KABUL • The fate of two brothers from Kabul, one grievously wounded, the other killed while fighting in Syria, spotlights Iran's covert but active recruitment of Afghan refugees to buttress President Bashar al-Assad's steadily depleting forces.
Shi'ite Iran, Mr Assad's key military and financial patron, denies enlisting Afghan mercenaries to fight alongside Syrian forces in the four-year conflict against opposition Sunni rebels that has left more than 240,000 people dead and millions displaced.
But interviews with Afghan fighters and relatives of combatants killed in Syria point to vigorous - and sometimes coerced - recruitment of Shi'ite Hazara refugees.
Tears well up in Ms Jehantab's rheumy eyes as she recalls the haunting parting words of her husband, 35-year-old Haider, when he called two months ago from Teheran. He said: "I am going to Syria - and I may not come back."
Mr Haider, she said, was lured by the monthly salary of US$700 (S$980) - a tidy sum for a labourer with no combat experience - and the promise of an Iranian residency permit, an attractive inducement for refugees who otherwise live in constant fear of deportation.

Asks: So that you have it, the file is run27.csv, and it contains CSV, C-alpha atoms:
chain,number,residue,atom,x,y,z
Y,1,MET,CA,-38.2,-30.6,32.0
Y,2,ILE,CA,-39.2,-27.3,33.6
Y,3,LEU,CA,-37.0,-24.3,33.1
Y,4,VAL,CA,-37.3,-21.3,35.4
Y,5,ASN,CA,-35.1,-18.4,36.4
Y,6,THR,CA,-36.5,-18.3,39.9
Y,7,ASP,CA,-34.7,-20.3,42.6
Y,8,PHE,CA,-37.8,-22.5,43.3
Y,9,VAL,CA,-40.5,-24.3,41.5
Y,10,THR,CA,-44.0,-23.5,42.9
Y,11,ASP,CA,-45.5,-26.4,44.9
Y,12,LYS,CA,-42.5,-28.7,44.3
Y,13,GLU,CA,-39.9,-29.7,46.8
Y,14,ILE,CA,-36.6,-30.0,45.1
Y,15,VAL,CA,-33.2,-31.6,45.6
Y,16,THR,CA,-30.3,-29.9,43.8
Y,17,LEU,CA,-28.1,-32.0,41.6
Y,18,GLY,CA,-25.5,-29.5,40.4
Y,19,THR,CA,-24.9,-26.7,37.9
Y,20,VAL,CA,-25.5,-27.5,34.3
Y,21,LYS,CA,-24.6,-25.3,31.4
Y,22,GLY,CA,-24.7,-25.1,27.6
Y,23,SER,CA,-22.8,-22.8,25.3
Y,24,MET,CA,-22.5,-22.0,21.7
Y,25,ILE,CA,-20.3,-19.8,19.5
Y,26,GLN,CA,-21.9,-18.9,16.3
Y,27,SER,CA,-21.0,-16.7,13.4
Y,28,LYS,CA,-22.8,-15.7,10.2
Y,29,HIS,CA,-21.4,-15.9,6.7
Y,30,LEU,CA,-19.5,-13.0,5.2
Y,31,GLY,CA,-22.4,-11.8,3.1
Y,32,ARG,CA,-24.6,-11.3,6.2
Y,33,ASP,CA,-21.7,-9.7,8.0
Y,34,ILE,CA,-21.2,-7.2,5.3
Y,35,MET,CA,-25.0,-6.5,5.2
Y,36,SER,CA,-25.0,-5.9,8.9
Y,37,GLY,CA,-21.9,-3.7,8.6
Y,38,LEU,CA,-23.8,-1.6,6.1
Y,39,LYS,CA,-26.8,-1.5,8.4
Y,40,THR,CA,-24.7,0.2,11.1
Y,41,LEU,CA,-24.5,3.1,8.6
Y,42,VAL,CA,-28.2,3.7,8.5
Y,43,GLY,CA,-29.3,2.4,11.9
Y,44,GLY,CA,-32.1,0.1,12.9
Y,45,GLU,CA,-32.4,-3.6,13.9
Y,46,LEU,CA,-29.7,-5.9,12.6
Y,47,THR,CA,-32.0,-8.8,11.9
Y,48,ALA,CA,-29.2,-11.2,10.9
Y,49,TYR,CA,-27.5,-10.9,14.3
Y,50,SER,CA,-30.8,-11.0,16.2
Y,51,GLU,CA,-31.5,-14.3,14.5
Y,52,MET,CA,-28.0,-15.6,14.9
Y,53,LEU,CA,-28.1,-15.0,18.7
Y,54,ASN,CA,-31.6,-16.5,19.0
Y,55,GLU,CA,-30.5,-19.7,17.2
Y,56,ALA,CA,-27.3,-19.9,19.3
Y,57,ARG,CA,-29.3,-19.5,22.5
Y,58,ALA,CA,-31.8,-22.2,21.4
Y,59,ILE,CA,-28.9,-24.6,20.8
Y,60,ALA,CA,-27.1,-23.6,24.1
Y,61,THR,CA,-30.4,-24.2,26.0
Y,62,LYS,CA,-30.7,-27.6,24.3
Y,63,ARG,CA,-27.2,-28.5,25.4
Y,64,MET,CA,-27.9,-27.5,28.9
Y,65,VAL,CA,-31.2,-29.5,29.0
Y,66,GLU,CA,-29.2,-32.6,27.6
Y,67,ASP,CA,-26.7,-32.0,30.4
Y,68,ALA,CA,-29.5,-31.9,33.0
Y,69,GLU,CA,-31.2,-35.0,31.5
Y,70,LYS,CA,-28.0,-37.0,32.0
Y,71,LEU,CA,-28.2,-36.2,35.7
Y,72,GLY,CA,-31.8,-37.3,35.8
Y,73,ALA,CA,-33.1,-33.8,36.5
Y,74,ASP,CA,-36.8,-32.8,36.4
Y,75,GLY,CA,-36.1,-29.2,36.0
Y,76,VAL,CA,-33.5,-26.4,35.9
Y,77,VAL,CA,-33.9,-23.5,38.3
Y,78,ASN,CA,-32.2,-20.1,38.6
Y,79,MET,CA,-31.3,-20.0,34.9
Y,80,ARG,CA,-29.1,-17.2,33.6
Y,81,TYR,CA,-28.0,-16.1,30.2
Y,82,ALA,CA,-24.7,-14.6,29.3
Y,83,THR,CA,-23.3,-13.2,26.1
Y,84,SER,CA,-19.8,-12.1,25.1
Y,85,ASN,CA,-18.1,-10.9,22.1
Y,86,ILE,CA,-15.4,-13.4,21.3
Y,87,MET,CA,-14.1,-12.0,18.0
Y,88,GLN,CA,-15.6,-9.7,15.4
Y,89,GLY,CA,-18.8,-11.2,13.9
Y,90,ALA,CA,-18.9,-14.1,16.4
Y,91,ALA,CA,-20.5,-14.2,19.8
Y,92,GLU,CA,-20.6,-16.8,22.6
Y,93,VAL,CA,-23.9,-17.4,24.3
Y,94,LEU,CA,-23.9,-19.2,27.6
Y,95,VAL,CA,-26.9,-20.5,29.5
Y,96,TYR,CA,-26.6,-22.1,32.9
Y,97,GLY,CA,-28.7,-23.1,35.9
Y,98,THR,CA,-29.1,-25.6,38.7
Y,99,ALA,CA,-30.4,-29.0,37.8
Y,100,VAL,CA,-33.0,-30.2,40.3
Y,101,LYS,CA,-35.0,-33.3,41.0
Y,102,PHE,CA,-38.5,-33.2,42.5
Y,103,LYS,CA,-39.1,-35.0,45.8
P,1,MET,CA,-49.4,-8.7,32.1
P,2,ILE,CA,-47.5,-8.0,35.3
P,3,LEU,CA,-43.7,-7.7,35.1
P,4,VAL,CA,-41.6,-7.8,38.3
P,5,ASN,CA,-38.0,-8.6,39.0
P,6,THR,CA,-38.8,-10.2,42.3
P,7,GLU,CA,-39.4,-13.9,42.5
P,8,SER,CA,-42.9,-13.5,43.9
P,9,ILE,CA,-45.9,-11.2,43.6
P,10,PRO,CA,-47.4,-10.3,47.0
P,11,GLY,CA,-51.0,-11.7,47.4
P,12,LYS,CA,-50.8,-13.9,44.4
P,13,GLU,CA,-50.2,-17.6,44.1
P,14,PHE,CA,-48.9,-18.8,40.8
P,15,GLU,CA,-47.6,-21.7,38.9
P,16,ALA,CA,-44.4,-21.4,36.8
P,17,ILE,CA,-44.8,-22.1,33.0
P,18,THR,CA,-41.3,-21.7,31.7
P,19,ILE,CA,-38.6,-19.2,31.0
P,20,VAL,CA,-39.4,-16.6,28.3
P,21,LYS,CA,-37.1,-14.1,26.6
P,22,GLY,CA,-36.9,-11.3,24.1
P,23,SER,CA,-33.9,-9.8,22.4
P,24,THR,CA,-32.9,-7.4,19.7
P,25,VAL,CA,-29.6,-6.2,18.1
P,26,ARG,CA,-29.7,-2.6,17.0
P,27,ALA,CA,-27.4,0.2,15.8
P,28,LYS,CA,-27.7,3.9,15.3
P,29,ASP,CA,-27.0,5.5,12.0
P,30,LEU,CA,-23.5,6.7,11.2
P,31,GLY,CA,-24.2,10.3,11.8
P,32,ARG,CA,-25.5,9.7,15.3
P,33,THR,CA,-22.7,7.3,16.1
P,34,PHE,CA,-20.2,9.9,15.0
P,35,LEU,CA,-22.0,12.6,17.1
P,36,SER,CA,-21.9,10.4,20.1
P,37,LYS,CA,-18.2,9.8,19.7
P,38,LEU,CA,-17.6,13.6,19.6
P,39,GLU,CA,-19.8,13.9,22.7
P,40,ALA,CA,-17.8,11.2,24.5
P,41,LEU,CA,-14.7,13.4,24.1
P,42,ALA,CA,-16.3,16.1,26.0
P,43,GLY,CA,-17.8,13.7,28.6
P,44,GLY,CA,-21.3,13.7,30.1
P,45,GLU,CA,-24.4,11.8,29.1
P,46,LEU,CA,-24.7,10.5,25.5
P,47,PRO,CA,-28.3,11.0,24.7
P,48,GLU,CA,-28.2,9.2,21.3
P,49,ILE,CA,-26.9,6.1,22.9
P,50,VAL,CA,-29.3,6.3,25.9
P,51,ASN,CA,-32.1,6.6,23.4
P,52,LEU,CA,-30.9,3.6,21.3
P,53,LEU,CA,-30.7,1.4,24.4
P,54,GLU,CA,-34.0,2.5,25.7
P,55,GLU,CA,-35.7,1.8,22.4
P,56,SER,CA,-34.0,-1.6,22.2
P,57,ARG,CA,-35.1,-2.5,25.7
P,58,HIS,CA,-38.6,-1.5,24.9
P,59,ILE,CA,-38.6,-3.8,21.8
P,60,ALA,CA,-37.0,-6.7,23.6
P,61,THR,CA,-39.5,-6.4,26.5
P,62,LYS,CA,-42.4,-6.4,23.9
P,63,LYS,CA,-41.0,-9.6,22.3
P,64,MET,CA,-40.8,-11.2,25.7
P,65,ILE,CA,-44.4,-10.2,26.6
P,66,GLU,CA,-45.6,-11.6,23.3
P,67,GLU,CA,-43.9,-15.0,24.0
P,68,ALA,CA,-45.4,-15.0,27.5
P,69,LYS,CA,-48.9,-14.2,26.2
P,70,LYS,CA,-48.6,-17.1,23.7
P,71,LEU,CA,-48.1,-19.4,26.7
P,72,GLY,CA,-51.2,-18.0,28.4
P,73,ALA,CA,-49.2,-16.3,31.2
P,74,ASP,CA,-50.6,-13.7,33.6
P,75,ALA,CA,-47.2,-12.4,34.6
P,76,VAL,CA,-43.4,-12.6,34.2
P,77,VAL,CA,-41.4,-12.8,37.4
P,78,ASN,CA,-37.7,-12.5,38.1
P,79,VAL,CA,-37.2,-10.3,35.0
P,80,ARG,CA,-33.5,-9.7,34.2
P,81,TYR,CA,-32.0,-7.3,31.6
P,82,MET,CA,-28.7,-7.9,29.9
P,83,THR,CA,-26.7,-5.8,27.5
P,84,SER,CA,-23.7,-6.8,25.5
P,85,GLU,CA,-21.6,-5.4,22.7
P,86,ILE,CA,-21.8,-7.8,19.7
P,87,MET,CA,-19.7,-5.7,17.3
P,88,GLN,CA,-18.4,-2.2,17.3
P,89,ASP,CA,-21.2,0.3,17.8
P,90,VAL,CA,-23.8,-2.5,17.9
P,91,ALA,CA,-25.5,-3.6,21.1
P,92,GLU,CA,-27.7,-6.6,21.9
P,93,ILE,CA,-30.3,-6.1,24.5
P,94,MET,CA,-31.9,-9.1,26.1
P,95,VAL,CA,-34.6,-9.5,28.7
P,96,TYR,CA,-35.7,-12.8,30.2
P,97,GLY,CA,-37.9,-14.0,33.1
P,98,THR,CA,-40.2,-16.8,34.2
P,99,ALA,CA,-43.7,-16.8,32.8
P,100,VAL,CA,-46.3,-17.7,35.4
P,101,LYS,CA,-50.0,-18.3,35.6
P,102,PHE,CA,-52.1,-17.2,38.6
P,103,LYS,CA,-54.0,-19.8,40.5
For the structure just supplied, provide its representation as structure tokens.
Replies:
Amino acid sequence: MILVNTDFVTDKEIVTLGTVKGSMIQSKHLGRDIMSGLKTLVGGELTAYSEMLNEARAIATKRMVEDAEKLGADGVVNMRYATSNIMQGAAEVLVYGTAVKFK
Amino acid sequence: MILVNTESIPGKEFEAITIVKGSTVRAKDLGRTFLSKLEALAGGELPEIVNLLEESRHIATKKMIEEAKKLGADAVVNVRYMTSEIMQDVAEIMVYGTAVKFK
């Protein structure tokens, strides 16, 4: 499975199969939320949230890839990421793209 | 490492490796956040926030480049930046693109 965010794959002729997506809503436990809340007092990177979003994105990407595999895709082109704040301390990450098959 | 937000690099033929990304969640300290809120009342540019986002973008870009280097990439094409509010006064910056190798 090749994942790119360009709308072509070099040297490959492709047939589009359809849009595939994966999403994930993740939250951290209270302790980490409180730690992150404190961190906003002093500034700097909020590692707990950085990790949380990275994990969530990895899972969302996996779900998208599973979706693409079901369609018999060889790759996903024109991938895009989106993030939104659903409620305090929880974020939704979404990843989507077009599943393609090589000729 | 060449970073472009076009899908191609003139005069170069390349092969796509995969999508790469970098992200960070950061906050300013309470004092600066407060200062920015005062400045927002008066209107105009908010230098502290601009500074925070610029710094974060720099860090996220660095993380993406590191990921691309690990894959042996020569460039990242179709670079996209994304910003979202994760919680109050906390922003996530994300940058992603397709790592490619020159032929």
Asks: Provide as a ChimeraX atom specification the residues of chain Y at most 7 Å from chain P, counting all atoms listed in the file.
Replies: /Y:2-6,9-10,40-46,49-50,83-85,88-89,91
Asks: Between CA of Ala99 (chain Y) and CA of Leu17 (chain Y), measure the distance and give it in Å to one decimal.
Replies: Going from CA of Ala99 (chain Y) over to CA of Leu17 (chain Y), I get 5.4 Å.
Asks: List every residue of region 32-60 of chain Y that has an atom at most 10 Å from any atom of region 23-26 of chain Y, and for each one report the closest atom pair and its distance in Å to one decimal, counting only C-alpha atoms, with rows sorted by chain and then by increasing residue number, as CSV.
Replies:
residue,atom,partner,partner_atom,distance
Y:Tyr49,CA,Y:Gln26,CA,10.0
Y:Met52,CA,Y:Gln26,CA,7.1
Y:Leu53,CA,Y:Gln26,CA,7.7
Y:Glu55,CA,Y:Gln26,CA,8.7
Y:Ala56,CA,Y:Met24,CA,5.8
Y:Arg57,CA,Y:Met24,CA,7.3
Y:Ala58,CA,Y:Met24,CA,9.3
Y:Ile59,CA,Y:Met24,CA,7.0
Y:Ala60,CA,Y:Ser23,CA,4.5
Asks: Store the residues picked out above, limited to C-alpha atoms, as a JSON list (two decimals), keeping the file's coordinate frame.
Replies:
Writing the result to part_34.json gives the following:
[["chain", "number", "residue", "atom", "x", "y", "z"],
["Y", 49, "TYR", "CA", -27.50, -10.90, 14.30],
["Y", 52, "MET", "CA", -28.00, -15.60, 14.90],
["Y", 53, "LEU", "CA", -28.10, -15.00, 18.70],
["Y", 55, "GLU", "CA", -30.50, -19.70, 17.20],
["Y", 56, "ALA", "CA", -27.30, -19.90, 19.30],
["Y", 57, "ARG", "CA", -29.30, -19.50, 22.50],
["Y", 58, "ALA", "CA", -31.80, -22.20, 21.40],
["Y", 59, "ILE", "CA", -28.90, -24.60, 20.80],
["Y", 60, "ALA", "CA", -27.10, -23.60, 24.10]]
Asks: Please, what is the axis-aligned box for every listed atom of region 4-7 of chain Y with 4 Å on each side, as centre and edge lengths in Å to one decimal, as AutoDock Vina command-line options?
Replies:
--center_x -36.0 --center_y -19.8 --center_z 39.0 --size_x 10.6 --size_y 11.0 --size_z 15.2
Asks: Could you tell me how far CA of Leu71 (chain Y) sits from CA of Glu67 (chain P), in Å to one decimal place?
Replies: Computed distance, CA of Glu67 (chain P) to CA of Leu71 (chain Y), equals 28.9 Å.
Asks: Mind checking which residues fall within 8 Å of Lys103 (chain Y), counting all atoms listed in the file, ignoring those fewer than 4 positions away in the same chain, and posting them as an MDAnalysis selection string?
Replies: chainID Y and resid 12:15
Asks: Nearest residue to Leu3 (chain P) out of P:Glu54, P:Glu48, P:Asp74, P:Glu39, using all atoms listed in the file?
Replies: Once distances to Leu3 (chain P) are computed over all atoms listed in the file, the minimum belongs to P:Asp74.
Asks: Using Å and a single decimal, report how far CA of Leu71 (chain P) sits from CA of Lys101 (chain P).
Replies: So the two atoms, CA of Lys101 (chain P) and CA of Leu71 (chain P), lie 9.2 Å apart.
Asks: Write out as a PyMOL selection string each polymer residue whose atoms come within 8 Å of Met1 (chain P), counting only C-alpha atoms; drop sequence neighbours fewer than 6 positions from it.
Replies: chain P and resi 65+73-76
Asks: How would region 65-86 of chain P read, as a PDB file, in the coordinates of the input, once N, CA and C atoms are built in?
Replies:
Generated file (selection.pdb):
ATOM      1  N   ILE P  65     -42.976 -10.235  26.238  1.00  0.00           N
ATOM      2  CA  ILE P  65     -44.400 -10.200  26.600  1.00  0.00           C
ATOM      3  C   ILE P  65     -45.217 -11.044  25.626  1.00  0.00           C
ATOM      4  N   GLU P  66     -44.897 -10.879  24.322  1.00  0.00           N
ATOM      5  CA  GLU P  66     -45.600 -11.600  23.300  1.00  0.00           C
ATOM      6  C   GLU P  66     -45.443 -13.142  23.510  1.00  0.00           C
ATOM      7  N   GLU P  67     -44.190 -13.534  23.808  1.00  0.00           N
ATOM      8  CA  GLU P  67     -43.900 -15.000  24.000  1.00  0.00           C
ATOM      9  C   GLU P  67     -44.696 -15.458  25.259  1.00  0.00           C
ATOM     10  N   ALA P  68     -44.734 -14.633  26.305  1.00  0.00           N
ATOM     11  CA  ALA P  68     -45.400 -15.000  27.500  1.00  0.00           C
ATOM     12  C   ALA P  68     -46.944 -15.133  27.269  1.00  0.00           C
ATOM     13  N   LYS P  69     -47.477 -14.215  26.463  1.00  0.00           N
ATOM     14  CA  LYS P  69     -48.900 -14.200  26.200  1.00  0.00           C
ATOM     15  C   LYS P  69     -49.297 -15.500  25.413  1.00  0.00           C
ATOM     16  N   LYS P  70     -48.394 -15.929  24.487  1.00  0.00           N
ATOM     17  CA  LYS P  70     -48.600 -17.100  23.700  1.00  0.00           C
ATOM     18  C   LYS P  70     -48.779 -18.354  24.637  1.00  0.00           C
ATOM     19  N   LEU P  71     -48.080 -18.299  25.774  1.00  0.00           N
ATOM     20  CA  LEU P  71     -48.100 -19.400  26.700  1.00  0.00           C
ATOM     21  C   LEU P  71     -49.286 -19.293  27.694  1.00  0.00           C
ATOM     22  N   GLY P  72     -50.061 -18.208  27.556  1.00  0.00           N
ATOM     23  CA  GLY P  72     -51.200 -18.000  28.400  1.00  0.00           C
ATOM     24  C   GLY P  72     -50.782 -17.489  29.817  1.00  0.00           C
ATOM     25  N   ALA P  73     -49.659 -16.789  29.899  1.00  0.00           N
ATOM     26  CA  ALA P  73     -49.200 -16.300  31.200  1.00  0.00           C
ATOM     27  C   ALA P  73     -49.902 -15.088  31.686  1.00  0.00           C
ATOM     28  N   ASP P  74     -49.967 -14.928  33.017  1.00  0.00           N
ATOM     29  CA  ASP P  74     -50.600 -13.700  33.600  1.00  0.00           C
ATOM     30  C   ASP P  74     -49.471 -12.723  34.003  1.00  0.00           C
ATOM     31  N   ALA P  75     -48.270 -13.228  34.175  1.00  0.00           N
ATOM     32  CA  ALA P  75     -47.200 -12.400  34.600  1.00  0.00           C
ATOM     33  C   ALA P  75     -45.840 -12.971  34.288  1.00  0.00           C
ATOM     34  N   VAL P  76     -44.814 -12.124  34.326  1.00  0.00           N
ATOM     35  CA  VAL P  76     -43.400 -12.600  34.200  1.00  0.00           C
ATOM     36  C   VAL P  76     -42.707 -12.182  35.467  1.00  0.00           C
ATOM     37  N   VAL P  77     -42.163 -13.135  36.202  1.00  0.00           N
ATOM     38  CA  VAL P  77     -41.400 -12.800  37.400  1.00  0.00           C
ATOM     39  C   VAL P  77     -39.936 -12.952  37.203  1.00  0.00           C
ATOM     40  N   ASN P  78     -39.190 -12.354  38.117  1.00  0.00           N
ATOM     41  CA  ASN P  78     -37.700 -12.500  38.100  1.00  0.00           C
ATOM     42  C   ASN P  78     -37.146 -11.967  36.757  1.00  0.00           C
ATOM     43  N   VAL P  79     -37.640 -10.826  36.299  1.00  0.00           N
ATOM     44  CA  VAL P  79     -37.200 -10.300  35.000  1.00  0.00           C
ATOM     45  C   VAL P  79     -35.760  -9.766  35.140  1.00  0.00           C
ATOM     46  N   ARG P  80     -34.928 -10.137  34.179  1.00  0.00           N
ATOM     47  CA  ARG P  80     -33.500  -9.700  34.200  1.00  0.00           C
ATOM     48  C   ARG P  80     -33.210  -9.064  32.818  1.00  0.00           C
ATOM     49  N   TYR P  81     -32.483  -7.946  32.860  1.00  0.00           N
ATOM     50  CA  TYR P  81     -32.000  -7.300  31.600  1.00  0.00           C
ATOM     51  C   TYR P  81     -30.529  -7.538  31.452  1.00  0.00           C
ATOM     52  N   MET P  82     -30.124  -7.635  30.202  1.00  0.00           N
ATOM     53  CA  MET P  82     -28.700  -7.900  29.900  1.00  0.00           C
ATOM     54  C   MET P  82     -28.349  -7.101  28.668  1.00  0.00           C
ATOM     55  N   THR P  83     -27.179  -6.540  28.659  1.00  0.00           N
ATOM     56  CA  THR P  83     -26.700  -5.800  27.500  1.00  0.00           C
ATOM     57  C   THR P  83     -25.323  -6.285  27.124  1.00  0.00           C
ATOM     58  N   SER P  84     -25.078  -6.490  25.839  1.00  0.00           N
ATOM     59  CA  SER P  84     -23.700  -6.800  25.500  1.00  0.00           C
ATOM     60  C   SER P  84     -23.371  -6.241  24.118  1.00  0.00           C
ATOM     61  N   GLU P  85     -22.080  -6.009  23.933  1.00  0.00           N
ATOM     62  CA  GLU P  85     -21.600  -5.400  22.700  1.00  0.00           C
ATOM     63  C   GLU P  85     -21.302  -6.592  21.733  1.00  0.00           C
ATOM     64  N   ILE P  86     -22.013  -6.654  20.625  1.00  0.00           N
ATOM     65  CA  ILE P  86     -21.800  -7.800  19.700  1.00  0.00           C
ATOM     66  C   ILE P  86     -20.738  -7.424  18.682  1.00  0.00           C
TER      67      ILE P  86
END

Mr Haider's premonition came true - a few days after he left, an Iranian official informed his relatives, also refugees in Teheran, that he had been killed in battle.
Mr Haider was part of a growing wave of jobless young Afghans seeking shelter in neighbouring Iran from decades of turmoil and war tearing their country apart, only to be ensnared in another conflict.
The rise of Iran-backed forces made up of Afghans, Iraqis, Lebanese and Pakistani Shi'ites underscores Mr Assad's growing reliance on foreign mercenaries as rebels ramp up attacks on Damascus.
In Ms Jehantab's home, Mr Haider's cousin, Ms Zahra, consoled her and quietly fumed over his death "in a war that isn't ours".
"Going to Syria is like signing up for a suicide mission," Ms Zahra said in a phone call to Mr Haider's brother, Mr Hussein, who had also volunteered to fight in Syria, where he suffered a deep shrapnel wound to his stomach.
"I'm okay. There were 300 to 400 of us (Afghans). Many died, I survived," Mr Hussein said from a hospital bed in Teheran just before being wheeled into surgery.
"I hear you plan to go back? Don't do that. Find work in Iran," Ms Zahra told him. "There's no work in Iran," Mr Hussein replied.
As the line went dead, Ms Zahra's face dropped into her hands.
"Afghan lives have no value - both inside and outside Afghanistan," she said.